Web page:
The English Gipsies and Their Language eBook

This eBook from the Gutenberg Project consists of approximately 247 pages of information about The English Gipsies and Their Language.

There are now in existence about three hundred works on the Gipsies, but of the entire number comparatively few contain fresh material gathered from the Rommany themselves.  Of late years the first philologists of Europe have taken a great interest in their language, which is now included in “Die Sprachen Europas” as the only Indian tongue spoken in this quarter of the world; and I believe that English Gipsy is really the only strongly-distinct Rommany dialect which has never as yet been illustrated by copious specimens or a vocabulary of any extent.  I therefore trust that the critical reader will make due allowances for the very great difficulties under which I have laboured, and not blame me for not having done better that which, so far as I can ascertain, would possibly not have been done at all.  Within the memory of man the popular Rommany of this country was really grammatical; that which is now spoken, and from which I gathered the material for the following pages, is, as the reader will observe, almost entirely English as to its structure, although it still abounds in Hindu words to a far greater extent than has been hitherto supposed.

CHAPTER I. INTRODUCTORY.

The Rommany of the Roads.—­The Secret of Vagabond Life in England.—­Its peculiar and thoroughly hidden Nature.—­Gipsy Character and the Causes which formed it.—­Moral Results of hungry Marauding.—­Gipsy ideas of Religion.  The Scripture story of the Seven Whistlers.—­The Baker’s Daughter.—­Difficulties of acquiring Rommany.—­The Fable of the Cat.—­The Chinese, the American Indian, and the Wandering Gipsy.

Although the valuable and curious works of Mr George Borrow have been in part for more than twenty years before the British public, {1} it may still be doubted whether many, even of our scholars, are aware of the remarkable, social, and philological facts which are connected with an immense proportion of our out-of-door population.  There are, indeed, very few people who know, that every time we look from the window into a crowded street, the chances are greatly in favour of the assertion, that we shall see at least one man who bears in his memory some hundreds of Sanscrit roots, and that man English born; though it was probably in the open air, and English bred, albeit his breeding was of the roads.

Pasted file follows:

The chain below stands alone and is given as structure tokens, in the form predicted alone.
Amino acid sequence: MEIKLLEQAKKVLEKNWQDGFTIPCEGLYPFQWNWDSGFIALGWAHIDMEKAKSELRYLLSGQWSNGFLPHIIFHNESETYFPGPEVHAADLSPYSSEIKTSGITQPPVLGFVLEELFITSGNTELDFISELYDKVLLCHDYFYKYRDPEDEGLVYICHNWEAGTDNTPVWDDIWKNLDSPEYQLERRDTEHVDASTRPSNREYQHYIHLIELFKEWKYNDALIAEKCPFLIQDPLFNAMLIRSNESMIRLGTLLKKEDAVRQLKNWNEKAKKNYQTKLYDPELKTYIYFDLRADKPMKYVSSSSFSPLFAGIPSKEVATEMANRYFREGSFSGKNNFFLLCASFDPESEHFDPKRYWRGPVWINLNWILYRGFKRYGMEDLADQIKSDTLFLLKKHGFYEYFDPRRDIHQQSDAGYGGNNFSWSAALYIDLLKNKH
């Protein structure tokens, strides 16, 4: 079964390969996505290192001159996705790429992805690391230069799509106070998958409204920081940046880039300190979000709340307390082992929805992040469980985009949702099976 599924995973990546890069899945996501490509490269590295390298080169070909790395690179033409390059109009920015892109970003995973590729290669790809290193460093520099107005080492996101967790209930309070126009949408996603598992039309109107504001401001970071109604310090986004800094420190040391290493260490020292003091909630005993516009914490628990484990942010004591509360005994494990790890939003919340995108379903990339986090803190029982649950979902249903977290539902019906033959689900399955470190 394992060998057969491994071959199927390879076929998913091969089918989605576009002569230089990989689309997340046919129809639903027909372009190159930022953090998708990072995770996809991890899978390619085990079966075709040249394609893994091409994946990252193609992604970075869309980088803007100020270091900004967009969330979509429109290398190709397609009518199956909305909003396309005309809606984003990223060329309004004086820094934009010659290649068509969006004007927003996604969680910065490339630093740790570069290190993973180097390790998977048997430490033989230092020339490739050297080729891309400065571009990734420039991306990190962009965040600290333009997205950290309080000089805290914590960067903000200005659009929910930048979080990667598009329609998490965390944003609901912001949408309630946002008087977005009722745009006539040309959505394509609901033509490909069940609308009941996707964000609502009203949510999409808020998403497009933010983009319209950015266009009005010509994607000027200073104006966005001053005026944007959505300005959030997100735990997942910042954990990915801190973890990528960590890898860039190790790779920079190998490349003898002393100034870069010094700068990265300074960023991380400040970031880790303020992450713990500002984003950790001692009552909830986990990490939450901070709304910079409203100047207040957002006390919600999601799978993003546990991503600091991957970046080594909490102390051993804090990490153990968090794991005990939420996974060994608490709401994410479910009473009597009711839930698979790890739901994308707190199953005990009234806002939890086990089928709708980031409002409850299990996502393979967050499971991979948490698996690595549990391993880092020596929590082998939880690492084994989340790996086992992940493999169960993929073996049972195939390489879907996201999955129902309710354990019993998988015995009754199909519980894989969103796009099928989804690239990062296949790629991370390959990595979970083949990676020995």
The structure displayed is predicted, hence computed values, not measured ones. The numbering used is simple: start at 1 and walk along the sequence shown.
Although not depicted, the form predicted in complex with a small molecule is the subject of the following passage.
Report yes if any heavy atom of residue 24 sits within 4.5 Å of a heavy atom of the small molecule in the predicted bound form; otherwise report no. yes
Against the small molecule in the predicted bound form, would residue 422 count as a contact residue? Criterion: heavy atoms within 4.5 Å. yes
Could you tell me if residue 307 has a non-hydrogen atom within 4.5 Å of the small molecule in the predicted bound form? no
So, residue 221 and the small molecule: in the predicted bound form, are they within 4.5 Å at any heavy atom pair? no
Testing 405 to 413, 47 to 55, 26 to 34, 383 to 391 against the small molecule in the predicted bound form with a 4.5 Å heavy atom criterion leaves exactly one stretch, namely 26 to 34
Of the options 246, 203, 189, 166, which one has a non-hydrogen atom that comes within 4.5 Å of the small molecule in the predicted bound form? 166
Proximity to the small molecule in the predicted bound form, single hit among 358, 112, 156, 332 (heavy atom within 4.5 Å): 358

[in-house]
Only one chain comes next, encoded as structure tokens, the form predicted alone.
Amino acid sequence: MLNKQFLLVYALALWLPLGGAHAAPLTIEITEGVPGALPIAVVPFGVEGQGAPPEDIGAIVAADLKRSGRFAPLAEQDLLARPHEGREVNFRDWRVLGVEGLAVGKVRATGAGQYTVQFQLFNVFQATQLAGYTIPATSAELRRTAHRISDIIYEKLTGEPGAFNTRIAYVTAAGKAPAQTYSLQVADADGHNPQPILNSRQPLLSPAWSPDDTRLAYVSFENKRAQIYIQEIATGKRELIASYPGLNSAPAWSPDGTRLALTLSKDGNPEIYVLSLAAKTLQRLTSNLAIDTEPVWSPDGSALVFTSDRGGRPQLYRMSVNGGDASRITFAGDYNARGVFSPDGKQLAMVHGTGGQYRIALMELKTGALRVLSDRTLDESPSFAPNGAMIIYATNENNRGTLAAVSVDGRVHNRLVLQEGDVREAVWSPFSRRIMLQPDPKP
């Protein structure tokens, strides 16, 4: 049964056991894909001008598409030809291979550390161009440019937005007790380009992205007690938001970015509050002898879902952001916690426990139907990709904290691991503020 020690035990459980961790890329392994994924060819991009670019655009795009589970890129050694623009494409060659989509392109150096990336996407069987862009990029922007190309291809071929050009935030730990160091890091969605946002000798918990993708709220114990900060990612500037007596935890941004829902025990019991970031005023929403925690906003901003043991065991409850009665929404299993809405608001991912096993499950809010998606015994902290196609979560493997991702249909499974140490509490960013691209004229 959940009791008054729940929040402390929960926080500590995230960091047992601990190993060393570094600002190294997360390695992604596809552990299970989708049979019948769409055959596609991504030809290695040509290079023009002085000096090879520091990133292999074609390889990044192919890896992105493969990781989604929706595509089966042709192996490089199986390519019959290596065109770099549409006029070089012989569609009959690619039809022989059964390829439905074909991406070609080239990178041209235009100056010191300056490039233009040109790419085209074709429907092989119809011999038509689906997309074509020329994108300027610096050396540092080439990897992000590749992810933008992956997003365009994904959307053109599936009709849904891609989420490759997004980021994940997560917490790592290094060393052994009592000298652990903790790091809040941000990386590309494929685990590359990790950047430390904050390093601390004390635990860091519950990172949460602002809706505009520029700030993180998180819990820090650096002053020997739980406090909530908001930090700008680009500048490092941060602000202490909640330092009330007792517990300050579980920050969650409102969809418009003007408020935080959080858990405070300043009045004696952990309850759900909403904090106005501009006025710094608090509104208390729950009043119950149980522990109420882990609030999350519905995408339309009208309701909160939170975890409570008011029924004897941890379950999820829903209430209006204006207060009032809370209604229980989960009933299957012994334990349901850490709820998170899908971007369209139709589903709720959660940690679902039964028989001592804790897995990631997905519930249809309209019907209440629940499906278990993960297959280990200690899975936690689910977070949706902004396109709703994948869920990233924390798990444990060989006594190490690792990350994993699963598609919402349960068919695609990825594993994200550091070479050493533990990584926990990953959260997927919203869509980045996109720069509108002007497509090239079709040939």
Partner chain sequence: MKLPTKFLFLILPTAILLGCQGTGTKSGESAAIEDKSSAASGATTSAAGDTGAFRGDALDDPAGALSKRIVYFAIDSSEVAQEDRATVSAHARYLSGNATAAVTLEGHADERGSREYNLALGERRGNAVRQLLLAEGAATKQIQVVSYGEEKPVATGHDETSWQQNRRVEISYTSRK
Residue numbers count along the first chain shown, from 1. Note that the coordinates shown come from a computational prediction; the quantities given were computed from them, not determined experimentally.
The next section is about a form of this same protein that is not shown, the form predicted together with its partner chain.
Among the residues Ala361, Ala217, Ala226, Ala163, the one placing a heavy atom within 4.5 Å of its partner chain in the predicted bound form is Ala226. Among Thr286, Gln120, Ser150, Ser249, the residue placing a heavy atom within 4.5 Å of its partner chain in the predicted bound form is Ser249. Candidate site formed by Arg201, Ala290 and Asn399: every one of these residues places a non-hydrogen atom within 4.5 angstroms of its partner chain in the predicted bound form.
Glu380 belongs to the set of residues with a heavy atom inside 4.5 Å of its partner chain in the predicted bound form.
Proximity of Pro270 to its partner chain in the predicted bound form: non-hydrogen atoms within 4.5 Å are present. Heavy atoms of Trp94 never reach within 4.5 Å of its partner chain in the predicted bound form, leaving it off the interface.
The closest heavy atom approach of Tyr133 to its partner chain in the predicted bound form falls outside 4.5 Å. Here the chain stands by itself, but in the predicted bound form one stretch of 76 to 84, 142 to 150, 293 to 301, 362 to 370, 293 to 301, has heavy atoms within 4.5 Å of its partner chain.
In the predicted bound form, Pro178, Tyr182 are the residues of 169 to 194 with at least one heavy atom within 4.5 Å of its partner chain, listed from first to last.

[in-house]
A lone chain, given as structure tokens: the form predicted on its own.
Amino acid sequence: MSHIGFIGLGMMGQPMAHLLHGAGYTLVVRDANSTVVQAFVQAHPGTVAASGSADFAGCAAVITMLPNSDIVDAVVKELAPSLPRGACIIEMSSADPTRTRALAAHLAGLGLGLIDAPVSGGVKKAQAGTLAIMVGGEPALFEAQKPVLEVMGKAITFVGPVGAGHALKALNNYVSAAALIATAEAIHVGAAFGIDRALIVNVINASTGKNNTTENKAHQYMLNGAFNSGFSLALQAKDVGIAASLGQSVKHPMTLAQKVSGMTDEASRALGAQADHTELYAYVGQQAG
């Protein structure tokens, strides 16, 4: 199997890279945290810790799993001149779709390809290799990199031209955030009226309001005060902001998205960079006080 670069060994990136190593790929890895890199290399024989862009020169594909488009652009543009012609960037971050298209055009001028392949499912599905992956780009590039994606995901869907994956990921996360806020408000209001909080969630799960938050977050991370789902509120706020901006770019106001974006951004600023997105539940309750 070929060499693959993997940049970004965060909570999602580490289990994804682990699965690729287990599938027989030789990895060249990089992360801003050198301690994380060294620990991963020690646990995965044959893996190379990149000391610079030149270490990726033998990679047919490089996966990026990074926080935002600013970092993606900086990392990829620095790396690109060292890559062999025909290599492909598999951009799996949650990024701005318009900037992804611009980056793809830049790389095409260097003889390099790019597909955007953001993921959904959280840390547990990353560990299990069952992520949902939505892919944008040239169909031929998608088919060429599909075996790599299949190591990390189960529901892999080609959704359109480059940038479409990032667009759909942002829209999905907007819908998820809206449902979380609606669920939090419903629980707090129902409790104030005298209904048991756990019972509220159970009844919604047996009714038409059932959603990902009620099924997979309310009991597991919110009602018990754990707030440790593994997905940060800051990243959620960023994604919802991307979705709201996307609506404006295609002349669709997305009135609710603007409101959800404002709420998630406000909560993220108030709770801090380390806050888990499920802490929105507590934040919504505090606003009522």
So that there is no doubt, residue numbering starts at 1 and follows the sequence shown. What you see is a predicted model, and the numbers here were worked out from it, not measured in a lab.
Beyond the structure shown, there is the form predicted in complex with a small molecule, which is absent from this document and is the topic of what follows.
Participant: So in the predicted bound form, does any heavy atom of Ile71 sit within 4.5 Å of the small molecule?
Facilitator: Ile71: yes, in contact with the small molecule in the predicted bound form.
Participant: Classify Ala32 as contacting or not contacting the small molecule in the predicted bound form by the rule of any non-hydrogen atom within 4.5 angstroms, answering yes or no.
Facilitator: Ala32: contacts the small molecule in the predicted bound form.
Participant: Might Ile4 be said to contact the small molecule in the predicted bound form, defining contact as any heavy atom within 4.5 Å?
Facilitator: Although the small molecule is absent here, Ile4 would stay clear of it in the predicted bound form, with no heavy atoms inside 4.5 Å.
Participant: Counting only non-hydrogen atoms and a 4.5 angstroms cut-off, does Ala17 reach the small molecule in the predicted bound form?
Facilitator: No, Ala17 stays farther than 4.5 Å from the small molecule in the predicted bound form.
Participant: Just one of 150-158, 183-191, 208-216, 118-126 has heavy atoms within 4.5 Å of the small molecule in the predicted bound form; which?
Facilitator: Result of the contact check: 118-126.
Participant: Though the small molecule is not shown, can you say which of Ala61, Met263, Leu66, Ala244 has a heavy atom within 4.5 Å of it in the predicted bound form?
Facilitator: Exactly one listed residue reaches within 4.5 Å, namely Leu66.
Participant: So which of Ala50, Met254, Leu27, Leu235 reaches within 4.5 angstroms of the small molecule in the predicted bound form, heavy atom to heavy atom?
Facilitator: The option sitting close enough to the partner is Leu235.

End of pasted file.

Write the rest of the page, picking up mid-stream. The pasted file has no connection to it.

For go where you will, though you may not know it, you encounter at every step, in one form or the other, the Rommany.  True, the dwellers in tents are becoming few and far between, because the “close cultivation” of the present generation, which has enclosed nearly all the waste land in England, has left no spot in many a day’s journey, where “the travellers,” as they call themselves, can light the fire and boil the kettle undisturbed.  There is almost “no tan to hatch,” or place to stay in.  So it has come to pass, that those among them who cannot settle down like unto the Gentiles, have gone across the Great Water to America,

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The English Gipsies and Their Language from Project Gutenberg. Public domain.
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